More Than an Assistant

30 November 2023

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MST-Kauchak-Day-3-Nakamir-soldering-machine-%281%29
NARA may support varied maintenance training tasks such learning the intricacies of a soldering machine (one above). | Source/credit: Halldale Group/Marty Kauchak   

It’s Day 3 at 2023 I/ITSEC. Some S&T community trends at this year’s event are crystal clear. Two on the author’s short list include the expanding presence of AR/MR/VR/XR in military enterprises and the fast-paced “cross pollination” of materiel offered to high-risk training enterprises in and beyond defense.

In one stretch of free time the author had to simply browse the exhibition floor, Nakamir AR Assistant (NARA) was sighted at a booth and attracted interest for a look and demonstration.

Dr. Christoph Leuze, CEO, noted the product learns from expert interactions to guide users through complicated procedures. In essence, the Menlo Park, California-based company innovatively creates a 3-D AR recording of a subject matter expert and the environment, allowing creation of maintenance instruction as easy as taking a video – mirroring one representative scenario viewed at the company booth.

NARA is in use at an automotive parts manufacturer to help instruct the workforce to use machines. The learning assistant “is not a replacement for the real instructor who provides the best way to learn,” the CEO then said. And in an effort to respond to the author’s query about ROIs gained from this use case, he pointed out learners may not remember all the details from a notional, representative instructional session of say 30 minutes. “For a procedure, you may have to explain several times before ‘they get it.’ With this technology you really have to explain the procedures just once. The assistant can explain further, or again, how to do the steps. The workers themselves can concentrate on their own task and the productivity may increase by about five-fold.”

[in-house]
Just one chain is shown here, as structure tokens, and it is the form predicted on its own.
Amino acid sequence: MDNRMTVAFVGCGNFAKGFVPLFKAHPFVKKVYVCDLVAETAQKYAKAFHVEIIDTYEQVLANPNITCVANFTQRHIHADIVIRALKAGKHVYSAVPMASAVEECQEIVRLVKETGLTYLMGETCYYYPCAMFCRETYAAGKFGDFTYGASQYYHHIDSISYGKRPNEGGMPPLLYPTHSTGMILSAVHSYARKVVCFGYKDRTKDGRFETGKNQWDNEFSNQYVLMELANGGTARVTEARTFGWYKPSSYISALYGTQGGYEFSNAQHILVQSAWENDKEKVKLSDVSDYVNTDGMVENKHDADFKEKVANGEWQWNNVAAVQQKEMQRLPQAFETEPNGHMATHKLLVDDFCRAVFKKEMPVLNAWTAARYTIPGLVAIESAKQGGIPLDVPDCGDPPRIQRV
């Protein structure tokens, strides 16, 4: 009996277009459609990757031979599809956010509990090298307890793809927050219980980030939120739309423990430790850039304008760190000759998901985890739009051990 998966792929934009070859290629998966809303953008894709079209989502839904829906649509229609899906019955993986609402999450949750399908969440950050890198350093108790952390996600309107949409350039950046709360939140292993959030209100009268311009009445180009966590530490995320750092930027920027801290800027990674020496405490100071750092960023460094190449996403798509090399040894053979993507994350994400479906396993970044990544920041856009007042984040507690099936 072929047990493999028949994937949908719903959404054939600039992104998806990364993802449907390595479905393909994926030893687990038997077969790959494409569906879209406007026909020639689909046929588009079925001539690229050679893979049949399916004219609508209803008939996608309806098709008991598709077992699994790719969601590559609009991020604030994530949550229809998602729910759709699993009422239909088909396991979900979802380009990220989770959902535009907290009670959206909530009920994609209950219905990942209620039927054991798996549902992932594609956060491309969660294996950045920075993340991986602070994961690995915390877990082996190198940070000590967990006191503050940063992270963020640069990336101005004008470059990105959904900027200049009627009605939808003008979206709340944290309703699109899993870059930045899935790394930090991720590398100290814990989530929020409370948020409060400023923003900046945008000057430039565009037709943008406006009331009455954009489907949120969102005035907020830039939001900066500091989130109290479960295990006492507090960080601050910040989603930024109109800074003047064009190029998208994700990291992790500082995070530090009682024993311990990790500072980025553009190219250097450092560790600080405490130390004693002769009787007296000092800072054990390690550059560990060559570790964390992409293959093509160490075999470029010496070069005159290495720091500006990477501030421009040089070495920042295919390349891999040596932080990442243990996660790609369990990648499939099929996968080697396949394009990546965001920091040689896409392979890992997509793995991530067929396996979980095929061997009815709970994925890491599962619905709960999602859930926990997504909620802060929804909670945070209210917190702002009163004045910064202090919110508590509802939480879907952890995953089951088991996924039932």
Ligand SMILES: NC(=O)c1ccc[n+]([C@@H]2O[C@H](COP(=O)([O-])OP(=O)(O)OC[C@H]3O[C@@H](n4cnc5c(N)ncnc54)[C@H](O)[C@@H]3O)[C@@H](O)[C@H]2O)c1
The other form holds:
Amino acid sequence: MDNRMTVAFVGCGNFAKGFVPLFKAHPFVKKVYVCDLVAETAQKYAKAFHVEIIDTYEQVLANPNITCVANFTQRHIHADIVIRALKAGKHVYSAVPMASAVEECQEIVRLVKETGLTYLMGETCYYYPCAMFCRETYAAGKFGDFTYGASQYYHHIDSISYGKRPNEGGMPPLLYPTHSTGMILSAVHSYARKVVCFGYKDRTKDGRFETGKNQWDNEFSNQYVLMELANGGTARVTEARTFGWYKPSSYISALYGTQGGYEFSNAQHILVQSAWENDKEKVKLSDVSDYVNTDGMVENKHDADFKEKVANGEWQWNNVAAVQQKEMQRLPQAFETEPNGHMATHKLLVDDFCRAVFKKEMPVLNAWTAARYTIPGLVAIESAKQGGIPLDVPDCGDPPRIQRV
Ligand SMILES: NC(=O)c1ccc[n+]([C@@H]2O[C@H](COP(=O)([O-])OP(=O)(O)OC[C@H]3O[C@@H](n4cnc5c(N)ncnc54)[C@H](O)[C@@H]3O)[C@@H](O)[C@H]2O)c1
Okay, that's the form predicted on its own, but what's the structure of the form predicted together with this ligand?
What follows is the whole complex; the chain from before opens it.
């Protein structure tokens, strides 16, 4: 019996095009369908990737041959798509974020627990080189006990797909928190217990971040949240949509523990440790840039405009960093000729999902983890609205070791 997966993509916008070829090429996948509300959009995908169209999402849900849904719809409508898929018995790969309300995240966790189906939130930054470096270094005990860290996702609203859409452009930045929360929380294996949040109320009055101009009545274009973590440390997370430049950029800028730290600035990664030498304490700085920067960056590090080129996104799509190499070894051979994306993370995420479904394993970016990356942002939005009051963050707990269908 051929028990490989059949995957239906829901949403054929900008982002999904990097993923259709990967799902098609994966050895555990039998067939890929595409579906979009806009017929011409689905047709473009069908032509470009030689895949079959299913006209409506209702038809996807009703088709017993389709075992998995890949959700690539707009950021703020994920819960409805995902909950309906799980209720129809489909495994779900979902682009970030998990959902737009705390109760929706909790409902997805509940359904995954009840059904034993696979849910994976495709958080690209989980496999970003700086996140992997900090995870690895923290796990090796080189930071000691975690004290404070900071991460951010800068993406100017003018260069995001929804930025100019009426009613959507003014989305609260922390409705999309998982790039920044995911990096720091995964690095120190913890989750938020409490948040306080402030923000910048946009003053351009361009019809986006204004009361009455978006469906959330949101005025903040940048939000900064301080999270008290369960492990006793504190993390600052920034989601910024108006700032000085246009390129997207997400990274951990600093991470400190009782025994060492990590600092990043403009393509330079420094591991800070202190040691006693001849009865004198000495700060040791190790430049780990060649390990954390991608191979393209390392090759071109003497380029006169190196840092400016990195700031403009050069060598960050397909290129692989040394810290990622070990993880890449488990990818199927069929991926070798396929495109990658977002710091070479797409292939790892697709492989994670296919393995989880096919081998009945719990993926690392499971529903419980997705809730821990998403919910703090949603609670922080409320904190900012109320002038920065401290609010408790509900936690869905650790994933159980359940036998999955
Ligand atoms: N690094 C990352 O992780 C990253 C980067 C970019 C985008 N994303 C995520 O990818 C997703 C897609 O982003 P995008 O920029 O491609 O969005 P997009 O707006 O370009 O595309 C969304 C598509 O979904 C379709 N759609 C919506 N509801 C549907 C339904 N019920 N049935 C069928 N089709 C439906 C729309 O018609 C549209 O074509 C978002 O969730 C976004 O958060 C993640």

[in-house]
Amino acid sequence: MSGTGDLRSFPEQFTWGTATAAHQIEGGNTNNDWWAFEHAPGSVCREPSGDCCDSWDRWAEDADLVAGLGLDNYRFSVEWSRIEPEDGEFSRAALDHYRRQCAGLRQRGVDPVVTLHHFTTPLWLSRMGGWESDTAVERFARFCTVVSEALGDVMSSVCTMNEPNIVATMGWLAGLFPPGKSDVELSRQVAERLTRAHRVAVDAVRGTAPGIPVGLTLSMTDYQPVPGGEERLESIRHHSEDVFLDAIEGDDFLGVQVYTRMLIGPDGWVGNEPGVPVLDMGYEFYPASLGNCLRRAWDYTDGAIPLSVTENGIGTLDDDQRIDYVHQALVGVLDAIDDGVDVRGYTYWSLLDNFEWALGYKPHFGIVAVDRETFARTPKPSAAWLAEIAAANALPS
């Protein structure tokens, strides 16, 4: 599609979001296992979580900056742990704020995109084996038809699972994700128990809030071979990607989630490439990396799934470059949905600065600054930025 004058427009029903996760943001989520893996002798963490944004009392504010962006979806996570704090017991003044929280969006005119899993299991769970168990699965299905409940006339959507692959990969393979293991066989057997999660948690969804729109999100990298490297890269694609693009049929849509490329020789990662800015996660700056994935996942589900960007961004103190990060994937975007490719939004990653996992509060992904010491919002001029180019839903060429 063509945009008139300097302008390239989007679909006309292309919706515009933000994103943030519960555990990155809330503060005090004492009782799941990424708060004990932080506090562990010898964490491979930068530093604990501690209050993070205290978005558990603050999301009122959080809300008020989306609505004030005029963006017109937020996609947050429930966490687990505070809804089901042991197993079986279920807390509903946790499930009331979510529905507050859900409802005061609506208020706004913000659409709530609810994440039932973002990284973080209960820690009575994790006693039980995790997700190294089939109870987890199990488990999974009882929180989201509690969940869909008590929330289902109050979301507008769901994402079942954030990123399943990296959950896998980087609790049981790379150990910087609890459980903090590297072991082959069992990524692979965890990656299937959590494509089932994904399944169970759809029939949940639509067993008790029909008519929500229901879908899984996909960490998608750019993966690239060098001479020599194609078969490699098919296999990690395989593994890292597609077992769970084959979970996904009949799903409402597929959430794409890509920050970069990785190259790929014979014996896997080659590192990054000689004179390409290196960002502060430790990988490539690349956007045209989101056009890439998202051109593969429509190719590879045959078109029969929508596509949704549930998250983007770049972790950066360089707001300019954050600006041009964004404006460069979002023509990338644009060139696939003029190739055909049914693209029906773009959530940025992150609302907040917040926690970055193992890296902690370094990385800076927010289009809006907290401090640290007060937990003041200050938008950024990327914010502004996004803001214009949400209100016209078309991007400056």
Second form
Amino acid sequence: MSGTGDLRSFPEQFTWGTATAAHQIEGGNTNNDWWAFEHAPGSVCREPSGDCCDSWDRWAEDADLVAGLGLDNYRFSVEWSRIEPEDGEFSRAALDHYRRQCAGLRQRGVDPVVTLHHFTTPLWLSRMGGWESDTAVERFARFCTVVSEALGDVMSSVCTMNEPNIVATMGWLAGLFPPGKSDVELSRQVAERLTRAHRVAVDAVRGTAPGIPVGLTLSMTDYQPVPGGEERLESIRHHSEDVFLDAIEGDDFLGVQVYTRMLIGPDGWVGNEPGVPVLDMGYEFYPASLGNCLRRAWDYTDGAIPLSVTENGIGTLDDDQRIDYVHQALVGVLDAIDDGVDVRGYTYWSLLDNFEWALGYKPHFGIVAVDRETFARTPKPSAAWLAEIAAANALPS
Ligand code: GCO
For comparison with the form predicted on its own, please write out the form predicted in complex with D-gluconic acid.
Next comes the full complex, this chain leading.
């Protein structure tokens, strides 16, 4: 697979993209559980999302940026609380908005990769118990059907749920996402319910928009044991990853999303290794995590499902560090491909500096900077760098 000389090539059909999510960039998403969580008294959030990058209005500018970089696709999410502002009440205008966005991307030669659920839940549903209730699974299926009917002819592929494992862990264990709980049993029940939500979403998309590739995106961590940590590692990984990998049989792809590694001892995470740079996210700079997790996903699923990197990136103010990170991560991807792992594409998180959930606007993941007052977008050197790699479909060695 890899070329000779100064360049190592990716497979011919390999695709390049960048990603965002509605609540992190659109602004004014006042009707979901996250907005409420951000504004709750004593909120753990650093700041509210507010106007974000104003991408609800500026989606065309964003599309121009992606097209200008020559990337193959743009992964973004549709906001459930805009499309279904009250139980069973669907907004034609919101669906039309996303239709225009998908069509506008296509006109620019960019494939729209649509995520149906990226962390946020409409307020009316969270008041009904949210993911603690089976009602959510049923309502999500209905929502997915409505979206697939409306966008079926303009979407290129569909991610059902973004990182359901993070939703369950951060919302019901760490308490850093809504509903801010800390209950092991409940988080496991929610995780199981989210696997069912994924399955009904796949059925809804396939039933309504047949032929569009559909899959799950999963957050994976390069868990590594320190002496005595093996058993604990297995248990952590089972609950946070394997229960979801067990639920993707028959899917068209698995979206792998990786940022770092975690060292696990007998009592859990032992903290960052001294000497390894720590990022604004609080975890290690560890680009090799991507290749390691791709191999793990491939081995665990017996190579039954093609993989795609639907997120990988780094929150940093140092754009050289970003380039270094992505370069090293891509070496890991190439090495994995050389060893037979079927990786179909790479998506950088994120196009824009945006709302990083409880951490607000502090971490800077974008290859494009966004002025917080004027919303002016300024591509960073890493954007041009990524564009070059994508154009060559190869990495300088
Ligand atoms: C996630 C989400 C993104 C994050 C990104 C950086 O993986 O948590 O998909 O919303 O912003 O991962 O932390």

Dr. Christoph Leuze, CEO, Nakamir  |Source/credit: Halldale Group/Marty Kauchak

Other ongoing NARA use cases include one with Defense Health Agency, with other possible customers residing in the wider defense enterprise, commercial aviation and elsewhere.

A very basic question some readers may have: why use AR, and not VR or another application to create this assistant. “I’m not sure this is an either-or question. VR is the first stage, when you are in the virtual world you cannot break anything and you can play with your objects without any danger. Once we go to the real world and we want to interact with real-world engagement, then AR place the important role,” he replied and concluded, “Now we suddenly have our instructors telling us this is how you interact with the real world. This is where we come in. There’s a lot of synergy. It’s not an either-or.”


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